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parts D l j f e g f i k h B Fig1 Fig1 D j B l k h i g Fig2 Fig2 D k h l j B i g Fig3 Fig3 D g f f B k h B l j Fig4 Fig4 R D g B t o v q p M n A Fig5 Fig5 D B i R t M n u W v v A Fig6 Fig6 i R D B t u M n v A v Fig7 Fig7 R D B t s M Fig8 Fig8 W Fig9 Fig9

Safety Razor

PatentUS614049

InventionSafety-Razor

FiledWednesday, 18th August 1897

PublishedTuesday, 8th November 1898

InventorWilliam Greenfield

LanguageEnglish

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A PDF version of the original patent can be found here.

No. 614,049.Patented Nov. 8, 1898.
United States Patent Office.

William Greenfield, of San Francisco, California. Safety-Razor.
SPECIFICATION forming part of Letters Patent No. 614,049, dated November 8, 1898. Application filed August 18, 1897. Serial No. 648,740. (No model.)

To all whom it may concern:

Be it known that I, William Greenfield, a citizen of the United States, residing at San Francisco, in the county of San Francisco and State of California, have invented certain new and useful Improvements in Safety-Razors; and I do hereby declare the following to be a full, clear, and exact description of said invention, such as will enable others skilled in the art to which it most nearly appertains to make, use, and practice the same.

Safety-razors, so far as I am aware, have heretofore uniformly been made with the razor-blade and its guard permanently arranged across the end of the handle, with the razor-blade at right angles to the handle, so that they could only be used for shaving by moving the razor across the face lengthwise of the handle.

My invention relates to a novel construction for safety-razors by which the implement can either be used with a longitudinal movement, like the ordinary safety-razor, or, if desired, it can be adjusted to either side, so as to throw the razor and a portion of its handle to a right angle to the lower portion of the handle, and thereby carry the razor edge to a position parallel with the lower part of the handle, so that the implement can be grasped and used in shaving like an ordinary razor.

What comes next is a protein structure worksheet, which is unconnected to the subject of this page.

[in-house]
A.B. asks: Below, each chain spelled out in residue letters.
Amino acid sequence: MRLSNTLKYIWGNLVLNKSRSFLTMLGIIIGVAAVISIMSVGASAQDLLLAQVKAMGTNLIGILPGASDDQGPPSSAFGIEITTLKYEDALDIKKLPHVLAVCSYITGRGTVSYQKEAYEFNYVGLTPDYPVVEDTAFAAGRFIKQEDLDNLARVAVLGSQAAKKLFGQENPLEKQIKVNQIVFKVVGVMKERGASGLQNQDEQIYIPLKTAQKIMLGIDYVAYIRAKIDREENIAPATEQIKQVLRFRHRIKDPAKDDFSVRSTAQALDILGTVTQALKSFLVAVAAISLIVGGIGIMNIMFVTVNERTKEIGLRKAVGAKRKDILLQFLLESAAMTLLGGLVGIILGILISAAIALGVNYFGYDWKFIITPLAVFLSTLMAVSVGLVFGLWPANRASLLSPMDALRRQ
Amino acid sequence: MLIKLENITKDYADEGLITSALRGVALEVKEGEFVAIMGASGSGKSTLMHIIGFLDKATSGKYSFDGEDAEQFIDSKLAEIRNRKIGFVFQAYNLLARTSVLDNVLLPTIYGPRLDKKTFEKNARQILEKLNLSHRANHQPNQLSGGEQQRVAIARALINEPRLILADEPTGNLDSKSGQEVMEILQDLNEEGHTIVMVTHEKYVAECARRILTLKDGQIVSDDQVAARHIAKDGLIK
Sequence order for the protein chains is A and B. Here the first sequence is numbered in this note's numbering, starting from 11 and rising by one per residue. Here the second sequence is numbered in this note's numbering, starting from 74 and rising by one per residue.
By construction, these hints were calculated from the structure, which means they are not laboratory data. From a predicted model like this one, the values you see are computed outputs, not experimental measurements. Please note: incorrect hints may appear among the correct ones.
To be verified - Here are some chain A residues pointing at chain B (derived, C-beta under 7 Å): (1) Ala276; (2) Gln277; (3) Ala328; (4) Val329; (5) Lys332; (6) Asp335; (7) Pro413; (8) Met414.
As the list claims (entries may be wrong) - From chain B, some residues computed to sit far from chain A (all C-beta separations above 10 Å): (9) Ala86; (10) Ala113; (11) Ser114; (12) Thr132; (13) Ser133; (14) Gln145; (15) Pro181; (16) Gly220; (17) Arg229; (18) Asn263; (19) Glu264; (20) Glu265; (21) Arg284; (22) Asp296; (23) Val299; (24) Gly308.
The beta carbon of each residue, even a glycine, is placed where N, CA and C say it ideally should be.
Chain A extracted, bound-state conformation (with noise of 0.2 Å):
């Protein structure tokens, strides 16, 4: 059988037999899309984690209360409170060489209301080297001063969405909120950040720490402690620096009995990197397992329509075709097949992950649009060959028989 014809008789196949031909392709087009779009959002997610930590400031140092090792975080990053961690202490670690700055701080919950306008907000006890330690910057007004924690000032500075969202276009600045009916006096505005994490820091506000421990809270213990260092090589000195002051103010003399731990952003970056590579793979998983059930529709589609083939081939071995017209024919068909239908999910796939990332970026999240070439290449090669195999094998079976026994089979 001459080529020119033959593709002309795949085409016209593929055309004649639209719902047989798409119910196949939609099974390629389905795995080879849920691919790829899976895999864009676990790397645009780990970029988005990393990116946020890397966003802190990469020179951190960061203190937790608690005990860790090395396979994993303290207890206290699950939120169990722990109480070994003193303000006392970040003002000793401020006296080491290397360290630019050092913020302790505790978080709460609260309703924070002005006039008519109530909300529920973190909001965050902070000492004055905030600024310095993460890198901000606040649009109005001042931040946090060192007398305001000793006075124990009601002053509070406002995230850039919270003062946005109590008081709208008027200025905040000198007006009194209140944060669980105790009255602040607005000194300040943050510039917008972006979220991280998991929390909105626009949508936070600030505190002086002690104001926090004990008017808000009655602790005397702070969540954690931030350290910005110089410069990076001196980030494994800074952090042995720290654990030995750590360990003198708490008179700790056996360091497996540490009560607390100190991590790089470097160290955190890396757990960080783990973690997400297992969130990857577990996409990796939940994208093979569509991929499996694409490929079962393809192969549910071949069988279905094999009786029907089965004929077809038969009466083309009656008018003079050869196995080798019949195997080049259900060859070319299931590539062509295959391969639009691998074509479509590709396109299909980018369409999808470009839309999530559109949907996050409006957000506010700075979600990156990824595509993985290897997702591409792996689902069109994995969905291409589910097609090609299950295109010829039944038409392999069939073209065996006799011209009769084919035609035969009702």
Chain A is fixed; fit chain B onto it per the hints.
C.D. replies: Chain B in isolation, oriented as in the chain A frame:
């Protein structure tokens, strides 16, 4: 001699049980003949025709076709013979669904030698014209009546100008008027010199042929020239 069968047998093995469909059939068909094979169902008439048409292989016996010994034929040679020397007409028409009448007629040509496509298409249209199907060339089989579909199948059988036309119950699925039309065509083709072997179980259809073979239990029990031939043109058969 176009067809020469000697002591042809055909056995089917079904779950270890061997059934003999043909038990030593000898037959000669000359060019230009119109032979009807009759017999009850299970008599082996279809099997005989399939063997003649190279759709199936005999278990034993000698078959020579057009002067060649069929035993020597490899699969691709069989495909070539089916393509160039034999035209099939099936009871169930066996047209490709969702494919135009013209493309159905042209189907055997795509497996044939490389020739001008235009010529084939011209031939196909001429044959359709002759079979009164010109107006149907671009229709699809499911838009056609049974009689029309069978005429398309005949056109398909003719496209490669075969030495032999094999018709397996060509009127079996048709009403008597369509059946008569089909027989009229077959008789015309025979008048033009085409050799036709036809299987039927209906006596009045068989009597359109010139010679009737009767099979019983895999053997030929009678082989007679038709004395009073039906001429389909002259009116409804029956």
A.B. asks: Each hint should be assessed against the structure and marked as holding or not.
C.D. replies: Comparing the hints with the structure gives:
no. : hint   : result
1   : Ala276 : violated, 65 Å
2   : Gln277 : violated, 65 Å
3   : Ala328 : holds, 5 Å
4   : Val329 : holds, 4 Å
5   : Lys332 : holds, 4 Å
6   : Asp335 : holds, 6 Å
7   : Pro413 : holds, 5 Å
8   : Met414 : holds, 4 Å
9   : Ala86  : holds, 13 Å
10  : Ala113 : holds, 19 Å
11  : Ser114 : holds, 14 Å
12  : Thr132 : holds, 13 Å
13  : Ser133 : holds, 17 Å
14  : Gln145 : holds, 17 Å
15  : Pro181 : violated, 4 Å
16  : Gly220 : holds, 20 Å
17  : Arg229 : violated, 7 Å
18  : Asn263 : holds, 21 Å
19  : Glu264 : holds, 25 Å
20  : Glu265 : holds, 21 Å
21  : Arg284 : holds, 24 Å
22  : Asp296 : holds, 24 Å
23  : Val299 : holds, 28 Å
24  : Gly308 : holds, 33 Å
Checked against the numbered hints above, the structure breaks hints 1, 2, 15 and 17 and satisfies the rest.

It also consists of a novel arrangement by which the razor-blade can be adjusted and secured to the end of the handle with its edge parallel with the handle, so that it can be honed or stropped like an ordinary razor.

Referring to the accompanying drawings, Figure 1 is a perspective view of a razor blade and tang separated, showing my improved construction. Fig. 2 shows the blade and tang secured together for the purpose of stropping. Fig. 3 shows the parts secured together for the purpose of shaving. Fig. 4 represents the parts in detail. Fig. 5 is a longitudinal section of all the parts of the razor secured together. Fig. 6 is a top view of the razor. Fig. 7 is a top view showing how the razor is pivoted to be turned as may be required. Fig. 8 is an edge view of the guard, showing it attached to the razor-handle; and Fig. 9 is a view of the clamp.

The handle of my improved safety-razor I make in two principal parts, which are hinged together at their ends, so that they may be adjusted either in a straight line or shifted to a position at right angles to each other, as shown at Fig. 7.

The lower part of the handle (marked A) is the part or handle by which the implement is principally held and manipulated when in use. The upper part (marked B and shown more distinctly at Figs. 1 and 2) is made of two parts, as described farther on, and the two parts constitute a hinged shank or tang, at the outer end of which the razor-blade D is secured.

The razor-blade D has a portion of its back cut away at one end, so as to form a shoulder e, and a recess f is made on each side of the blade surrounding this shoulder, into which the bifurcated outer end of the shank or tang B slips and fits when the blade is secured to it. A hole g is bored lengthwise through the projecting back of the razor-blade, and a corresponding hole h is made through the end of the shank, which stands in line with the hole in the back of the razor when the parts are adjusted together, and a long screw-bolt i passes through the hole g and screws into the hole h in the shank, and thereby securely fastens the two together in shaving position.

The shank B has an offset or shoulder j on one side, as shown at Fig. 1, so that when the bolt i is withdrawn or released from the hole h in the shank the razor-blade can be turned lengthwise of the shank and fitted with its cut-away portion against the side of the shank and its end fitting inside the shoulder j, as represented at Fig. 2. A screw-hole k is made in the end of the shank, into which the screw-bolt i can be turned, and thereby secure the blade in its honing or stropping position. A dowel-pin l on the face of the shank enters a hole in the back of the razor-blade when it is thus fastened and serves to prevent displacement of the blade during the operation of honing or stropping.